For efficiency in communications between virtual machines (VMs), most virtualization platforms include the ability to create software-based virtual networks and switches inside of the physical host to enable VMs to communicate directly. This traffic will not be visible to network-based security protection devices, such as network-based intrusion prevention systems.
Gartner recommends that at a minimum, organizations require the same type of monitoring they place on physical networks, so that they don’t lose visibility and control when workloads and networks are virtualized. To reduce the chance of misconfiguration and mismanagement, they should favor security vendors that span physical and virtual environments with a consistent policy management and enforcement framework.
Risk: Workloads of different trust levels are consolidated onto a single physical server without sufficient separation
As organizations move beyond the “low-hanging fruit” of workloads to be virtualized, more critical systems and sensitive workloads are being targeted for virtualization. This is not necessarily an issue, but it can become an issue when these workloads are combined with other workloads from different trust zones on the same physical server without adequate separation.
At a minimum, enterprises should require the same type of separation required in physical networks today for workloads of different trust levels within the enterprise data center. They should treat hosted virtual desktop workloads as untrusted, and strongly isolate them from the rest of the physical data center. Enterprises are advised to evaluate the need for point solutions that are able to associate security policy to virtual machines’ identities and that prevent the mixing of workloads from different trust levels on the same server.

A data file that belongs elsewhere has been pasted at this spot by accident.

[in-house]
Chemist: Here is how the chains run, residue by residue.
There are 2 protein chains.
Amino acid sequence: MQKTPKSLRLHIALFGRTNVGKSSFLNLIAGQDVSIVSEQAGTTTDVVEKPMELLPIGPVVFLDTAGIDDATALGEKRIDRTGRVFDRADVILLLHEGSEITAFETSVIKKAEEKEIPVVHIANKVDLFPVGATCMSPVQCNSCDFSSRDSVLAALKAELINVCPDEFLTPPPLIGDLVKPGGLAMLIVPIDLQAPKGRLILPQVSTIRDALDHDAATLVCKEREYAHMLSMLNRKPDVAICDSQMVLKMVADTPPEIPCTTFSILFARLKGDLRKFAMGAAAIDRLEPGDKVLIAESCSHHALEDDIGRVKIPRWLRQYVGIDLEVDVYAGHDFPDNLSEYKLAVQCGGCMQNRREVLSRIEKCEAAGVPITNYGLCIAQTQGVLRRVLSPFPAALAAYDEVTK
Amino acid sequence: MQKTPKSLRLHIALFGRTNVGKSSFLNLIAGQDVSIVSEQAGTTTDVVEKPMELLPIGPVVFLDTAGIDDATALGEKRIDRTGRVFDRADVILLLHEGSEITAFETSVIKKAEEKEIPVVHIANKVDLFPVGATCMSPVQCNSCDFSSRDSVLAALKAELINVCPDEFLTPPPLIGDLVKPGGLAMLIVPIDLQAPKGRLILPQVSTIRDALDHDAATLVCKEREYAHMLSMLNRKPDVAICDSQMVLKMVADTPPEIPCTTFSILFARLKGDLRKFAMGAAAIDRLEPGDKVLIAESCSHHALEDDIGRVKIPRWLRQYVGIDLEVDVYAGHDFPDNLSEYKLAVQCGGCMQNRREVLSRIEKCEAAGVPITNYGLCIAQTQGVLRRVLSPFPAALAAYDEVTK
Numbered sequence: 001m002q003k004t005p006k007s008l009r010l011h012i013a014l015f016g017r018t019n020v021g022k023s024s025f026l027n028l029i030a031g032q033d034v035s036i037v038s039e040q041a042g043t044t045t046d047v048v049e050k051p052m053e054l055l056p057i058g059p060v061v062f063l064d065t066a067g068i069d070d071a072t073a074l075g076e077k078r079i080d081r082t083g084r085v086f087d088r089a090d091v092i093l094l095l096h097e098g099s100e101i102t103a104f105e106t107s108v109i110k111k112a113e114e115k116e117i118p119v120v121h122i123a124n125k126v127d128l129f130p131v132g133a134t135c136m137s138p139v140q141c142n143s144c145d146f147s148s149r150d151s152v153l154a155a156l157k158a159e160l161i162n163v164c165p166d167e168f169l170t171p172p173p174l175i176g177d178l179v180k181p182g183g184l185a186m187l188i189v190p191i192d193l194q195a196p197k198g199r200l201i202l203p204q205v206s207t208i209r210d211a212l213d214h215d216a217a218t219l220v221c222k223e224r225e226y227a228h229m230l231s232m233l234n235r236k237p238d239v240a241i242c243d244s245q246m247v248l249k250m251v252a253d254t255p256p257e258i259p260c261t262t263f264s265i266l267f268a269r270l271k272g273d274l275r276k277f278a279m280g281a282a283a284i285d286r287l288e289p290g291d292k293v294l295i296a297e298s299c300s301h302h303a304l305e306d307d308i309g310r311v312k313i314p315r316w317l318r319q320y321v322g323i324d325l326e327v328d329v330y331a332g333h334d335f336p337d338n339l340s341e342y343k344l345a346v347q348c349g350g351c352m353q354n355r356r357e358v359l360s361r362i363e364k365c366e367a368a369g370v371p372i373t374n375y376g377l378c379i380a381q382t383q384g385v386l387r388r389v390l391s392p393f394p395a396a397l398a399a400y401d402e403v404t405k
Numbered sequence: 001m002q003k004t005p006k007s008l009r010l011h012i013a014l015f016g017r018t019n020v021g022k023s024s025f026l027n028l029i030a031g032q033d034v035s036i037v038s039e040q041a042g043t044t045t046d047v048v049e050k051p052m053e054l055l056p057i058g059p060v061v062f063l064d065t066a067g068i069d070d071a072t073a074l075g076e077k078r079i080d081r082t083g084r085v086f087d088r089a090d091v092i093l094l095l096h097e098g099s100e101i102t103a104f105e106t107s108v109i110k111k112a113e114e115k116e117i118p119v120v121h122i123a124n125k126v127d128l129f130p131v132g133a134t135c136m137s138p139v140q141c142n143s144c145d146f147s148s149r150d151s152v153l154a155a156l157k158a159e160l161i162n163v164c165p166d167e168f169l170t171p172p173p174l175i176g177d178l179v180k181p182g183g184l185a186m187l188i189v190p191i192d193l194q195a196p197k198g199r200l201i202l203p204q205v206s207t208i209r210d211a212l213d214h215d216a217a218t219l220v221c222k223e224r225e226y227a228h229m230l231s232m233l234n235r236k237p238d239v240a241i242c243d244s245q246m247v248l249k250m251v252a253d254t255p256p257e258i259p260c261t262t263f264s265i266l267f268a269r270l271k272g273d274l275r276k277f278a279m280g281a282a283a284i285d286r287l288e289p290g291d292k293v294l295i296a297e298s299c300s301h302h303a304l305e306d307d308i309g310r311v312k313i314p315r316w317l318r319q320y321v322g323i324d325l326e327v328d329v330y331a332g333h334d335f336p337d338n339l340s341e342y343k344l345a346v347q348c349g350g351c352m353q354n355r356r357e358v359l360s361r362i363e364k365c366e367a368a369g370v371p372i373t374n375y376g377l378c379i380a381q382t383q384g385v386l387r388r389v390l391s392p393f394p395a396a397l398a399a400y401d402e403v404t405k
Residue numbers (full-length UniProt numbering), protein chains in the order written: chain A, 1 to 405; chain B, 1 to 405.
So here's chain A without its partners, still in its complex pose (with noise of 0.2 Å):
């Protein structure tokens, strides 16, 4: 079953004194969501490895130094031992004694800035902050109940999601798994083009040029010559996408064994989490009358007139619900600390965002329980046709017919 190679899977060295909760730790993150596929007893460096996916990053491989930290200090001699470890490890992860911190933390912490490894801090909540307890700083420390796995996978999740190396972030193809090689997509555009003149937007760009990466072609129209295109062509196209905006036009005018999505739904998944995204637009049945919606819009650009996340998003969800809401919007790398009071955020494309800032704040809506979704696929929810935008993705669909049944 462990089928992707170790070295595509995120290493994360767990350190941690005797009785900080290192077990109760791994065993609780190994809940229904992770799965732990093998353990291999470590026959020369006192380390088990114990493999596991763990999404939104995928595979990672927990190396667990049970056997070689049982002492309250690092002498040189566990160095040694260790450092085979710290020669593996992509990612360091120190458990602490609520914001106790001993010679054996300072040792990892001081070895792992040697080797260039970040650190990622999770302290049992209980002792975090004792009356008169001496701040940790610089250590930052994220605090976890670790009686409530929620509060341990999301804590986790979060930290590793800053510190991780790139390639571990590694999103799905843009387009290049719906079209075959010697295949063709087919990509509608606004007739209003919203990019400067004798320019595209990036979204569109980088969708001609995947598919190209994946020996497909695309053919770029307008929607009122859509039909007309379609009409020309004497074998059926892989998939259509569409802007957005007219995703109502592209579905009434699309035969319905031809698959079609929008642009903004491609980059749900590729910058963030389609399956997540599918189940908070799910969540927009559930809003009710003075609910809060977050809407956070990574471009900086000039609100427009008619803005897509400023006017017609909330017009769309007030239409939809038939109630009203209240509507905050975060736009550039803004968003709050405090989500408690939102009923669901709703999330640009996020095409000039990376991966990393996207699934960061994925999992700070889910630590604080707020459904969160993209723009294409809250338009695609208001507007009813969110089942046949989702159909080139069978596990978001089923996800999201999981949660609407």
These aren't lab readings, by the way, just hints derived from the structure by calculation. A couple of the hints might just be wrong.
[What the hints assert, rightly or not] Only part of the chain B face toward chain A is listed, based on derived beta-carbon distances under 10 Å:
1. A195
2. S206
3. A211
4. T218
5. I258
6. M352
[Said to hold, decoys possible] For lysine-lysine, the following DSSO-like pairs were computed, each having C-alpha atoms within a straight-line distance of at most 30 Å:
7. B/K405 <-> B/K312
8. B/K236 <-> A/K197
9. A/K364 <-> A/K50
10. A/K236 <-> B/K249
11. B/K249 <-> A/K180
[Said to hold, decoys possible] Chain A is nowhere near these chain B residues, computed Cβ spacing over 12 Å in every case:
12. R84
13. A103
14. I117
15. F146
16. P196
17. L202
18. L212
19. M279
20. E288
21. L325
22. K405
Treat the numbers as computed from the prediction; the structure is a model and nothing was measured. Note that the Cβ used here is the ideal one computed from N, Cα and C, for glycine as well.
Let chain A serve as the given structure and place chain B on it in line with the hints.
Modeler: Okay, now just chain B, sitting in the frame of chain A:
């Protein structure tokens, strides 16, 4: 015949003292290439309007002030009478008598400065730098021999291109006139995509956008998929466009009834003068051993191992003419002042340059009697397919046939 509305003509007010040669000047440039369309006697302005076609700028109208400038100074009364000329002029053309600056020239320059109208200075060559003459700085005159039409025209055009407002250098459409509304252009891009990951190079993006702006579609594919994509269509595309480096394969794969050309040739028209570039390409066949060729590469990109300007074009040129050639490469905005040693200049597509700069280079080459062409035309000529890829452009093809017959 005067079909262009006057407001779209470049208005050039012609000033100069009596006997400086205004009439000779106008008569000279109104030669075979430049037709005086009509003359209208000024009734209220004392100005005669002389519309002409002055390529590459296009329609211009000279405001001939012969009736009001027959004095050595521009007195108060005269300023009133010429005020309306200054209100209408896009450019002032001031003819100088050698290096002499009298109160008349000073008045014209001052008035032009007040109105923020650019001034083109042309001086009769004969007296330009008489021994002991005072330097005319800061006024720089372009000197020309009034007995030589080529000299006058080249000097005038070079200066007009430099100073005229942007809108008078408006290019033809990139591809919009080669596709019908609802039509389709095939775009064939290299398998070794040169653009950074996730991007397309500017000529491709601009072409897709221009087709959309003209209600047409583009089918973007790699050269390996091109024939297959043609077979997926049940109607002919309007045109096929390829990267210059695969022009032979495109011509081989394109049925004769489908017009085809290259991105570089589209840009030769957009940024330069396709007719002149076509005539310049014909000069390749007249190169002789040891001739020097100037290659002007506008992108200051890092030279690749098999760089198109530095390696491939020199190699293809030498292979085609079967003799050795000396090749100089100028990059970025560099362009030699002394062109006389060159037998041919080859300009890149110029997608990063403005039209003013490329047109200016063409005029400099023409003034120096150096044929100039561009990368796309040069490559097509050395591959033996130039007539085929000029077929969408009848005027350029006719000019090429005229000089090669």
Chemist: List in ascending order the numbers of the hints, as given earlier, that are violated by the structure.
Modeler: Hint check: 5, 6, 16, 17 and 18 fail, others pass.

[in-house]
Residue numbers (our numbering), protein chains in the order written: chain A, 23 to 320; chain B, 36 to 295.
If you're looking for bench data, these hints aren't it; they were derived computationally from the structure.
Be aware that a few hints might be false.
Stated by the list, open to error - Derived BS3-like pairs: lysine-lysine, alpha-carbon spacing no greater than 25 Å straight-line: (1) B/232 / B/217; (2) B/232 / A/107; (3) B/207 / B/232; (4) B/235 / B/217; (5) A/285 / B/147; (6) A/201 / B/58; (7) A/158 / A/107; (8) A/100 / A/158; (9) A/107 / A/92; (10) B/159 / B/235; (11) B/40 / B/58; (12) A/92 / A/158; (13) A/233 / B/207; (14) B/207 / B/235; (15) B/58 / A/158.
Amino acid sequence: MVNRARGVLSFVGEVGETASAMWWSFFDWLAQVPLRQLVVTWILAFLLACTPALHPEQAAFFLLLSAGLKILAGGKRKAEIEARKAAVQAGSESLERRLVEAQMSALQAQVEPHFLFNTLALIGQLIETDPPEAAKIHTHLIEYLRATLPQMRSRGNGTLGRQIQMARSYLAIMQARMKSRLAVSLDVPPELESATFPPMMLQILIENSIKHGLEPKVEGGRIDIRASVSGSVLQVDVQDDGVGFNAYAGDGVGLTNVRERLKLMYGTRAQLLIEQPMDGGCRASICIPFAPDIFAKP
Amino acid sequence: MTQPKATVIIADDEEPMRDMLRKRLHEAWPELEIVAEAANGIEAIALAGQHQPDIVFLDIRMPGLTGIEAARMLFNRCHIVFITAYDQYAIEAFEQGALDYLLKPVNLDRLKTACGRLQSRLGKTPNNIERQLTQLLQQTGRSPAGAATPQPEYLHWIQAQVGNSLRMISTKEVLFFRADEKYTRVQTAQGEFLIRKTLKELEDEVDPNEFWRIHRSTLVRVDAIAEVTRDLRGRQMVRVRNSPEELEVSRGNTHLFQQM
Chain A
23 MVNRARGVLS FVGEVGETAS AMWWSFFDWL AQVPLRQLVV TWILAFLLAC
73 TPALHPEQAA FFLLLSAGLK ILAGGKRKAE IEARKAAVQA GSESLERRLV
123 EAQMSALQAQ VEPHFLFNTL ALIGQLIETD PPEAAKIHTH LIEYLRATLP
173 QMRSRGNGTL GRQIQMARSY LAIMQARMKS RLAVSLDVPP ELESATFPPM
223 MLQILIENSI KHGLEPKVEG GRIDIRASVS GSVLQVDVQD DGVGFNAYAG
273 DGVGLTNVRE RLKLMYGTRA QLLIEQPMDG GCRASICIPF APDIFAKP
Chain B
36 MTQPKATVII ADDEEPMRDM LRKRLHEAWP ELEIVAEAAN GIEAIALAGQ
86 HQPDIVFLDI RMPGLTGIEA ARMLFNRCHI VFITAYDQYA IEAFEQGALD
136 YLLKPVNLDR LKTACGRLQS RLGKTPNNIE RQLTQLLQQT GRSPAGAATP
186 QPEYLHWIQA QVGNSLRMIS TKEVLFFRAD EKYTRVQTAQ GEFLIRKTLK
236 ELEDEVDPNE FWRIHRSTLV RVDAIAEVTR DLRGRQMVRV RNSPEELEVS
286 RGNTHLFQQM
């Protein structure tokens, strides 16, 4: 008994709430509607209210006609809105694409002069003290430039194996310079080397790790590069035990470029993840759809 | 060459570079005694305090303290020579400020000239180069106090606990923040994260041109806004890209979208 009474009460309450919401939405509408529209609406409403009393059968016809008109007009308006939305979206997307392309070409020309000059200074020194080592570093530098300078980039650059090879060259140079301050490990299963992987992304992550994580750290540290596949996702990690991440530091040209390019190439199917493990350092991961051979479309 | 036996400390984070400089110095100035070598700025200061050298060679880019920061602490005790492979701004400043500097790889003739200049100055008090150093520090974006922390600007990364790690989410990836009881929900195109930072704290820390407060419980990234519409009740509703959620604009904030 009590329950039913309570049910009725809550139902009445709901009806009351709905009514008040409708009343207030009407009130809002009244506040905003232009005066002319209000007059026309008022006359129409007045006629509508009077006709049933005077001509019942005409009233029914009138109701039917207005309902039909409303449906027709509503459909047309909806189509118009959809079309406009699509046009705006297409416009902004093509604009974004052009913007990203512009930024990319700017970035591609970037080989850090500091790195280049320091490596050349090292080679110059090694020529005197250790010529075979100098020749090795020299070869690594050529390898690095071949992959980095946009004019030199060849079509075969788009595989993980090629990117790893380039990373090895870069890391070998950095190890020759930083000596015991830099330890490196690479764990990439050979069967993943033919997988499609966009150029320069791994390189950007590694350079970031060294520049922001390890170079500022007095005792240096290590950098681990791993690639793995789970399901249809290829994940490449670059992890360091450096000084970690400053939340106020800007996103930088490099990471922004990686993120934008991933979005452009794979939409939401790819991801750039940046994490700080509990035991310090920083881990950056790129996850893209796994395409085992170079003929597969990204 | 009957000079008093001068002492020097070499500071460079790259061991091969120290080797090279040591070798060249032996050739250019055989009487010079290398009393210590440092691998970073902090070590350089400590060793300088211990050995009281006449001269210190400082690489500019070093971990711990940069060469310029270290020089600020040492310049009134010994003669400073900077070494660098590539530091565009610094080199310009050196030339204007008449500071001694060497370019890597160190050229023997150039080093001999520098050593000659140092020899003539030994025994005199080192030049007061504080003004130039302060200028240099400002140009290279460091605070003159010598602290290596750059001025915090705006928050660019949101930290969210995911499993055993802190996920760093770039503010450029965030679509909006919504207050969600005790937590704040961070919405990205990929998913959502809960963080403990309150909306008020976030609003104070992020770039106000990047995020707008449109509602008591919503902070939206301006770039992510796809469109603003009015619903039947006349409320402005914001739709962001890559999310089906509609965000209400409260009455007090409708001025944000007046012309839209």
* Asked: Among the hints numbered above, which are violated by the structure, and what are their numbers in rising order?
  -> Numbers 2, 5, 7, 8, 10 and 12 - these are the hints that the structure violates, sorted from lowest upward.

Risk: Adequate controls on administrative access to the Hypervisor/VMM layer and to administrative tools are lacking
Because of the critical support the hypervisor/VMM layer provides, administrative access to this layer must be tightly controlled, but this is complicated by the fact that most virtualization platforms provide multiple paths of administration for this layer.
Gartner recommends restricting access to the virtualization layer as with any sensitive OS and favoring virtualization platforms that support role-based access control of administrative responsibilities to further refine who can do what within the virtual environment. Where regulatory and/or compliance requirements dictate, organizations should evaluate the need for third-party tools to provide tight administrative control.
Risk: There is a potential loss of separation of duties for network and security controls
When physical servers are collapsed into a single machine, it increases the risk that both system administrators and users will inadvertently gain access to data that exceeds their normal privilege levels. Another area of concern is which group configures and supports the internal virtual switch.
Gartner recommends that the same team responsible for the configuration of network topology (including virtual LANs) in the physical environment should be responsible for this in virtual environments. They should favor virtualization platform architectures that support replaceable switch code, so that the same console and policies span physical and virtual configurations.